JDRF-funded researchers in the US have developed a procedure to reverse or stop the type 1 diabetes autoimmune attack by boosting regulatory immune cells called Tregs.

Described as the “master policemen of the immune system” by Dr Stephen Gitelman, Chief of the Pediatric Endocrine Division of the University of California San Francisco, these Treg cells are believed to be able to regulate autoimmune attacks as long as you have the right number of them.


In this procedure, the Tregs are taken from people newly diagnosed with type 1 diabetes, multiplied in the laboratory, and then infused back into the person where it is hoped the cells will prevent further destruction of insulin-producing islet cells.

Initially tested in a diabetic mouse model with success in slowing and in some cases reversing the progression of T1D, the procedure was moved into a small pilot study with 14 people. This pilot study has proved successful.

Mary Rooney, a participant in the Treg pilot study says “I was diagnosed with T1D when I was 35 and looked into clinical trials straight away. I was the first human to get the Tregs, and I’m still producing a significant amount of my own insulin.”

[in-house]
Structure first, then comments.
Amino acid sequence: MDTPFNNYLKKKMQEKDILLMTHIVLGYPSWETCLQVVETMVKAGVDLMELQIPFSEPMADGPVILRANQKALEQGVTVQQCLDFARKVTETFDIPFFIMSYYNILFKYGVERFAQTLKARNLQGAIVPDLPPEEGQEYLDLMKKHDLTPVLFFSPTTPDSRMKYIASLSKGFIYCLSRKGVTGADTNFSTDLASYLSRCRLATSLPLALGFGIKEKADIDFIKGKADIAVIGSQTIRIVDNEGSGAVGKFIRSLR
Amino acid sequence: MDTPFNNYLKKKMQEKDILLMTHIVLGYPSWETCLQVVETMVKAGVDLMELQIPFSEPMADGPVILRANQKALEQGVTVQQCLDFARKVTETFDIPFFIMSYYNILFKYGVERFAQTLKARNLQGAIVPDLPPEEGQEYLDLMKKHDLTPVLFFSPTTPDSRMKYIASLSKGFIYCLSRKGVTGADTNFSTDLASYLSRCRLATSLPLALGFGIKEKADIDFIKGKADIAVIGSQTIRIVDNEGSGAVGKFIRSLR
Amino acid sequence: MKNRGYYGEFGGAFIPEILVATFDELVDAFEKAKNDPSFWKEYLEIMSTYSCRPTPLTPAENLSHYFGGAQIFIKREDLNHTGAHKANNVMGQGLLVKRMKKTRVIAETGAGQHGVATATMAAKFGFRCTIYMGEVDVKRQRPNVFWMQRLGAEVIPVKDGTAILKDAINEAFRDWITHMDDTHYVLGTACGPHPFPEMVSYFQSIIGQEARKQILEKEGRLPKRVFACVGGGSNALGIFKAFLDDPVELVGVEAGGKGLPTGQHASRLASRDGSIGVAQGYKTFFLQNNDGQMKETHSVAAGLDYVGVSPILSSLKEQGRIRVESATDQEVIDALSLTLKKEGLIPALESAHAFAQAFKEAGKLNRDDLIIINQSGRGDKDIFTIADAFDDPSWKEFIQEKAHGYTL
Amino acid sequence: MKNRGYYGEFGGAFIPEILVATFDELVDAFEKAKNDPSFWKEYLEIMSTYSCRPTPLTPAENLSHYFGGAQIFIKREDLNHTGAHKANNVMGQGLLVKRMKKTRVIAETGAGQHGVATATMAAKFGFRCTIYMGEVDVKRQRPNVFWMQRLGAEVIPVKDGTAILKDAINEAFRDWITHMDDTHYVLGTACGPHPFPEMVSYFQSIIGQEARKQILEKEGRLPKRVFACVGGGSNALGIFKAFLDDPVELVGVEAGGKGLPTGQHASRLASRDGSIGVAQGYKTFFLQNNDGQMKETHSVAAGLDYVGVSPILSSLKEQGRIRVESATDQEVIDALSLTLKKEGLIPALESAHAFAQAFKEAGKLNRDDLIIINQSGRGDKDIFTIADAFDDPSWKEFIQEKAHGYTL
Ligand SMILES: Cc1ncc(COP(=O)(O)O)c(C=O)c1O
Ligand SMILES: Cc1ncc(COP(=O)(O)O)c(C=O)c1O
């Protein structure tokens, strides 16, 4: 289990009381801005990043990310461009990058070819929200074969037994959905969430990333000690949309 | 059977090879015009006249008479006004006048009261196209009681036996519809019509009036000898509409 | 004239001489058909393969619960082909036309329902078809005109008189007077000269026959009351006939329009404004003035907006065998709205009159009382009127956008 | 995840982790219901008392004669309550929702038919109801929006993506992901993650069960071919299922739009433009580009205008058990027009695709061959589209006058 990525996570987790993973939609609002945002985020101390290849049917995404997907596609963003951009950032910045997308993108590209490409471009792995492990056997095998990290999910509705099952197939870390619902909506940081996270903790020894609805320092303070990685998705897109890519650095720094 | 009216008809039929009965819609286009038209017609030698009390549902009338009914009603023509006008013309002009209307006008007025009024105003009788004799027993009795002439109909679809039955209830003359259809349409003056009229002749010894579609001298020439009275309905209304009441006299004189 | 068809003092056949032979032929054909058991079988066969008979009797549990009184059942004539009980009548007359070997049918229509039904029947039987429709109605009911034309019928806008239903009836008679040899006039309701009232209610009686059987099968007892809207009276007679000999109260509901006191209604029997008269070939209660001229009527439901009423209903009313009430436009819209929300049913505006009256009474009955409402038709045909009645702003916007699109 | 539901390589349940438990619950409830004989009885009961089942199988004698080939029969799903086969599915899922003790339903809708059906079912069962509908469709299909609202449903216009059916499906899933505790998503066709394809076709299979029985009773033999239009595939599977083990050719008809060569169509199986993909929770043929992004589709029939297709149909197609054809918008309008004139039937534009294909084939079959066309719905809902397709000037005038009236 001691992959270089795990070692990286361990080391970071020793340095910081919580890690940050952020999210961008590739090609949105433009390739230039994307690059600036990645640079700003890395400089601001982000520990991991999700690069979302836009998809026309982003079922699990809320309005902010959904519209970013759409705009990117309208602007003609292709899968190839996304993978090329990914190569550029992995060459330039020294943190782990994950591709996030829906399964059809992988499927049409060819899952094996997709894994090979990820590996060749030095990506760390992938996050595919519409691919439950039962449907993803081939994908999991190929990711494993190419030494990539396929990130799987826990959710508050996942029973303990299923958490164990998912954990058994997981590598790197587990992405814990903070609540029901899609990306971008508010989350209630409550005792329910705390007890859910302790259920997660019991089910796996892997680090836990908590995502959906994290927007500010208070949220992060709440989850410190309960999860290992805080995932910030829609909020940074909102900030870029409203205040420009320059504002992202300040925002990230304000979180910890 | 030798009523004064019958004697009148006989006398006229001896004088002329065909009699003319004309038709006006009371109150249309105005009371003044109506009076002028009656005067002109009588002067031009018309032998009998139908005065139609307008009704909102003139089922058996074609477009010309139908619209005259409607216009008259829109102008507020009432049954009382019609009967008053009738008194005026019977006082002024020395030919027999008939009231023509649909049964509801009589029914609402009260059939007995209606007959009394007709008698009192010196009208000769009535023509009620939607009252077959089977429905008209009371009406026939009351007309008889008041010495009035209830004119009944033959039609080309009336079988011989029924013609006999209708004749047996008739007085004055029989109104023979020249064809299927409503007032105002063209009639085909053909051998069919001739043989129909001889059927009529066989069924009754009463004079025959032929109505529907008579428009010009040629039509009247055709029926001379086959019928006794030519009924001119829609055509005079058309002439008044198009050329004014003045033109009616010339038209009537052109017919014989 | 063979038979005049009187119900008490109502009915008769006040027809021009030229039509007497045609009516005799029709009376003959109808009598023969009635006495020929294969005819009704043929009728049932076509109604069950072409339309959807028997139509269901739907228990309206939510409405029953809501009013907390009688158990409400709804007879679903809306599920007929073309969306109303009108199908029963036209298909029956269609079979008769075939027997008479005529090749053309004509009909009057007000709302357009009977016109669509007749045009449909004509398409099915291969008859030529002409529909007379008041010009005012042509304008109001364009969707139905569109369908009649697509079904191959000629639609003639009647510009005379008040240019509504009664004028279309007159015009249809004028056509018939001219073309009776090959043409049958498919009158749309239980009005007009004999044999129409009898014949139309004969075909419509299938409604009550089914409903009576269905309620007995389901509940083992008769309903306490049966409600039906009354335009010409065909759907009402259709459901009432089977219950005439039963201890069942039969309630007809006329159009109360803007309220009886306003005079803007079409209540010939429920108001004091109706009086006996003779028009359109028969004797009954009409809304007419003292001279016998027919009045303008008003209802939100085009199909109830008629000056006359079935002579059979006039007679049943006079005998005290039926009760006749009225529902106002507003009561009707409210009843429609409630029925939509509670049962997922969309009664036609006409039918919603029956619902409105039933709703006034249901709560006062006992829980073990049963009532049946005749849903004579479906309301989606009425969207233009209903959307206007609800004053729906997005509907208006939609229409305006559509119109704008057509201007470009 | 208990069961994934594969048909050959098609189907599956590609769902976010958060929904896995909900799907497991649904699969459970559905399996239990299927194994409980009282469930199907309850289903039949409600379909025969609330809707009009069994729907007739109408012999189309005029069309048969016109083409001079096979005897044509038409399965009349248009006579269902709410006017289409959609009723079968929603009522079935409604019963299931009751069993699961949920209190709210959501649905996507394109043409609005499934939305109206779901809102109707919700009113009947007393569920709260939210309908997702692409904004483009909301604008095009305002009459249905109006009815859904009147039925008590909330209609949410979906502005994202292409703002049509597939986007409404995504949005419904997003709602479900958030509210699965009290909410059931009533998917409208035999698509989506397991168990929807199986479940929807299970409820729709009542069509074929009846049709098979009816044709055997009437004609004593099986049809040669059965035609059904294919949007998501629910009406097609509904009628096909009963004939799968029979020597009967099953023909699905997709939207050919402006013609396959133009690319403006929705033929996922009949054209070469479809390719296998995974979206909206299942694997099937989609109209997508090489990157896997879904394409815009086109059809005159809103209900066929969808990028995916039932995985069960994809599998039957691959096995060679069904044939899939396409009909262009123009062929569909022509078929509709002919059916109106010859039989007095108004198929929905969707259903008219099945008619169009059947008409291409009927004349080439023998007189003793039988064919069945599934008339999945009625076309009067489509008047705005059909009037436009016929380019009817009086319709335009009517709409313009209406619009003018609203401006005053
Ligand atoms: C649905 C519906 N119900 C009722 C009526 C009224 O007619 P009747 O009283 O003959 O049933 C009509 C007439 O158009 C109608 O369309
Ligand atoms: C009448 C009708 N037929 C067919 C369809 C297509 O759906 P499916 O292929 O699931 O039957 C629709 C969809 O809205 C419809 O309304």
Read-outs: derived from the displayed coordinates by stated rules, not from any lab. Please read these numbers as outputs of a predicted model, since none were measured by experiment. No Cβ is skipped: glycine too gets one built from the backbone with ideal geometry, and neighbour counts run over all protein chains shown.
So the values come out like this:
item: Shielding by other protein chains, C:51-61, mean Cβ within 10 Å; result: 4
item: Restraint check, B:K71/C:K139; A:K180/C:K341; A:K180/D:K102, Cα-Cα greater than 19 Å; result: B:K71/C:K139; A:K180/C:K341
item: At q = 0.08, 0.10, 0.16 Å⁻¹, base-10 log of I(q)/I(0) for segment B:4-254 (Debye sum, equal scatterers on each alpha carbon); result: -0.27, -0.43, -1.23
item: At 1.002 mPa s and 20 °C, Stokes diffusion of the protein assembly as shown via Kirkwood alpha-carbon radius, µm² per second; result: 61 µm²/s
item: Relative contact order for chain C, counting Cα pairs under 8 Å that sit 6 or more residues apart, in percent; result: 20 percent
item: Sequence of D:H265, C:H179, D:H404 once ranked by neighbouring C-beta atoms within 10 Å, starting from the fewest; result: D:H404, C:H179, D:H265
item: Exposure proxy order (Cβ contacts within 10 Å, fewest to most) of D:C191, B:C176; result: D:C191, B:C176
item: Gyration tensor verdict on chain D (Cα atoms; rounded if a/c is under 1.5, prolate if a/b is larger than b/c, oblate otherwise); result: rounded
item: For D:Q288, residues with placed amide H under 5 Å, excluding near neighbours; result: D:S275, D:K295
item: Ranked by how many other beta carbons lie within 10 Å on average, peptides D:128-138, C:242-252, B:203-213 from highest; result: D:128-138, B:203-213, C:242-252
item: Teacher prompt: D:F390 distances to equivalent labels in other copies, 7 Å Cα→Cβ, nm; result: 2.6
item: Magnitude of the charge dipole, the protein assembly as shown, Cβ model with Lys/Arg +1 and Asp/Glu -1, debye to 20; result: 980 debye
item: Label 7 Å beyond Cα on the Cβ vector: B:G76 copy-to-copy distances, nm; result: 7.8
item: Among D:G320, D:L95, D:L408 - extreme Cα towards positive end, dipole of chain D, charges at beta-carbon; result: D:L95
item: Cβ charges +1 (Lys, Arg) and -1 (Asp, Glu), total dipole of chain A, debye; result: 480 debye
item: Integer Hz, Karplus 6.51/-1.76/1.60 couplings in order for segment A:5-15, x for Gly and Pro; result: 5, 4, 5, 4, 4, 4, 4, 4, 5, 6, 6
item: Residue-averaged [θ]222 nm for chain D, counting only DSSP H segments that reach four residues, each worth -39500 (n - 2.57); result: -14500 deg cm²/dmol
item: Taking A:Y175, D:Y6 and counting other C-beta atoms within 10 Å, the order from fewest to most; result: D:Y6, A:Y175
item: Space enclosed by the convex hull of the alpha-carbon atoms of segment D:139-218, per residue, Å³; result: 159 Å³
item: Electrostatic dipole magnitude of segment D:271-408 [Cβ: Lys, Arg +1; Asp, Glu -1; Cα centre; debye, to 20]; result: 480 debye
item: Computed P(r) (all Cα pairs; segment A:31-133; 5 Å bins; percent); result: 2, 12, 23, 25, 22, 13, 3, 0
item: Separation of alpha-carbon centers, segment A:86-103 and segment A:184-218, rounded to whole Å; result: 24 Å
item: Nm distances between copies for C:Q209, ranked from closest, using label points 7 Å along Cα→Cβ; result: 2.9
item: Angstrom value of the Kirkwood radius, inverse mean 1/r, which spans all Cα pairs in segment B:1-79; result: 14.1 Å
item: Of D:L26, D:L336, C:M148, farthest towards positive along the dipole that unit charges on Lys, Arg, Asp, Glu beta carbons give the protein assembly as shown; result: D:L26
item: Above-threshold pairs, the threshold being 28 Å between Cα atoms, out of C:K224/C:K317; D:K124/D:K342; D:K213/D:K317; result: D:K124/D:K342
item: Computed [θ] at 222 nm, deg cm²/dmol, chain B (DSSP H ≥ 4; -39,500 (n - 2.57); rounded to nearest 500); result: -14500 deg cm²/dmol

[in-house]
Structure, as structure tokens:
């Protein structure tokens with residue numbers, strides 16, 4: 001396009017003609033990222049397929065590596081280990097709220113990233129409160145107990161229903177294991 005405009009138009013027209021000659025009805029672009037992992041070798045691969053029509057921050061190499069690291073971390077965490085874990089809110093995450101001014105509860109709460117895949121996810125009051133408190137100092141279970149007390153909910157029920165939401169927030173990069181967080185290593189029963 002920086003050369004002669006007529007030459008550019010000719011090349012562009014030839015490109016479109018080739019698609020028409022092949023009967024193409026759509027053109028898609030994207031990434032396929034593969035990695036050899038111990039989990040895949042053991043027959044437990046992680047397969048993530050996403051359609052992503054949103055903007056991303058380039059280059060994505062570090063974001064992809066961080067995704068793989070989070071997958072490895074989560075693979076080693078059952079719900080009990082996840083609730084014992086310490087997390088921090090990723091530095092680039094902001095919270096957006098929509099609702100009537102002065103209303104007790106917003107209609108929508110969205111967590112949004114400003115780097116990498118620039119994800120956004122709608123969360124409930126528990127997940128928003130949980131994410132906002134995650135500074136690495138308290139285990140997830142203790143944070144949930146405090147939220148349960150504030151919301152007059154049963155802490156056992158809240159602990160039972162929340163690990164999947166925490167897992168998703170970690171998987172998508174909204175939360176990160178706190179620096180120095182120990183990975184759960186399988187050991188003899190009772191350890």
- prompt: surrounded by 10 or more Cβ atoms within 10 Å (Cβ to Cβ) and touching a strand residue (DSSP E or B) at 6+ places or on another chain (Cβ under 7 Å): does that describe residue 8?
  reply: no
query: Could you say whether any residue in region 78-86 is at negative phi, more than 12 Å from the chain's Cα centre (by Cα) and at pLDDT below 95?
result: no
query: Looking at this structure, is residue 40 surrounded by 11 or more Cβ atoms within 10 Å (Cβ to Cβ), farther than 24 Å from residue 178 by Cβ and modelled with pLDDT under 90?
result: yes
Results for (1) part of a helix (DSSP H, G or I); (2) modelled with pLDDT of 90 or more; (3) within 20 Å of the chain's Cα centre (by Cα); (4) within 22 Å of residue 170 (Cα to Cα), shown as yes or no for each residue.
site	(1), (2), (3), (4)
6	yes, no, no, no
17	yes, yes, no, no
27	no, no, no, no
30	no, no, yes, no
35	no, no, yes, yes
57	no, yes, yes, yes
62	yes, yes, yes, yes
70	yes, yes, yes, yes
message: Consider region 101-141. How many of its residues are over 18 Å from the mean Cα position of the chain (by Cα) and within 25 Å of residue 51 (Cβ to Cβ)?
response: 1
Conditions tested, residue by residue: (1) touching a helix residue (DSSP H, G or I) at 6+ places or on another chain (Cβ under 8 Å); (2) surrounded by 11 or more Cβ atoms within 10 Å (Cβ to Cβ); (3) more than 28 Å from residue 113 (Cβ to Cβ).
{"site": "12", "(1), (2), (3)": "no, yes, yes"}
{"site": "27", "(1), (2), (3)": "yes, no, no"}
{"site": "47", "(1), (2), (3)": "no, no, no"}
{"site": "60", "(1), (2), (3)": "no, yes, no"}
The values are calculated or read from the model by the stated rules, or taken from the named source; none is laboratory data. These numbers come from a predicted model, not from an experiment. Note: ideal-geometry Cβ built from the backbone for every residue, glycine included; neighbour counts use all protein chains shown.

“The good news from our trial from the 14 adults enrolled, is that the procedure was very well tolerated. This has now set the stage for us to move ahead with a Stage 2 trial,” says Dr Gitelman.

The next stage of this research is the start of a clinical trial of 100 people in California to see if the Treg infusion can slow or reverse T1D progression in the newly diagnosed.

“JDRF was instrumental in funding this research. They really got us from a very basic exploratory side of this potential therapy, through the pre-clinical studies, and they funded the Phase I study. Without JDRF, I don’t know that this work could have happened,” says Dr Gitelman.

To watch a JDRF video on the results of the first stage of the Tregs trial, click here.

To read the ADA conference abstract about Phase I of the trial, click here.


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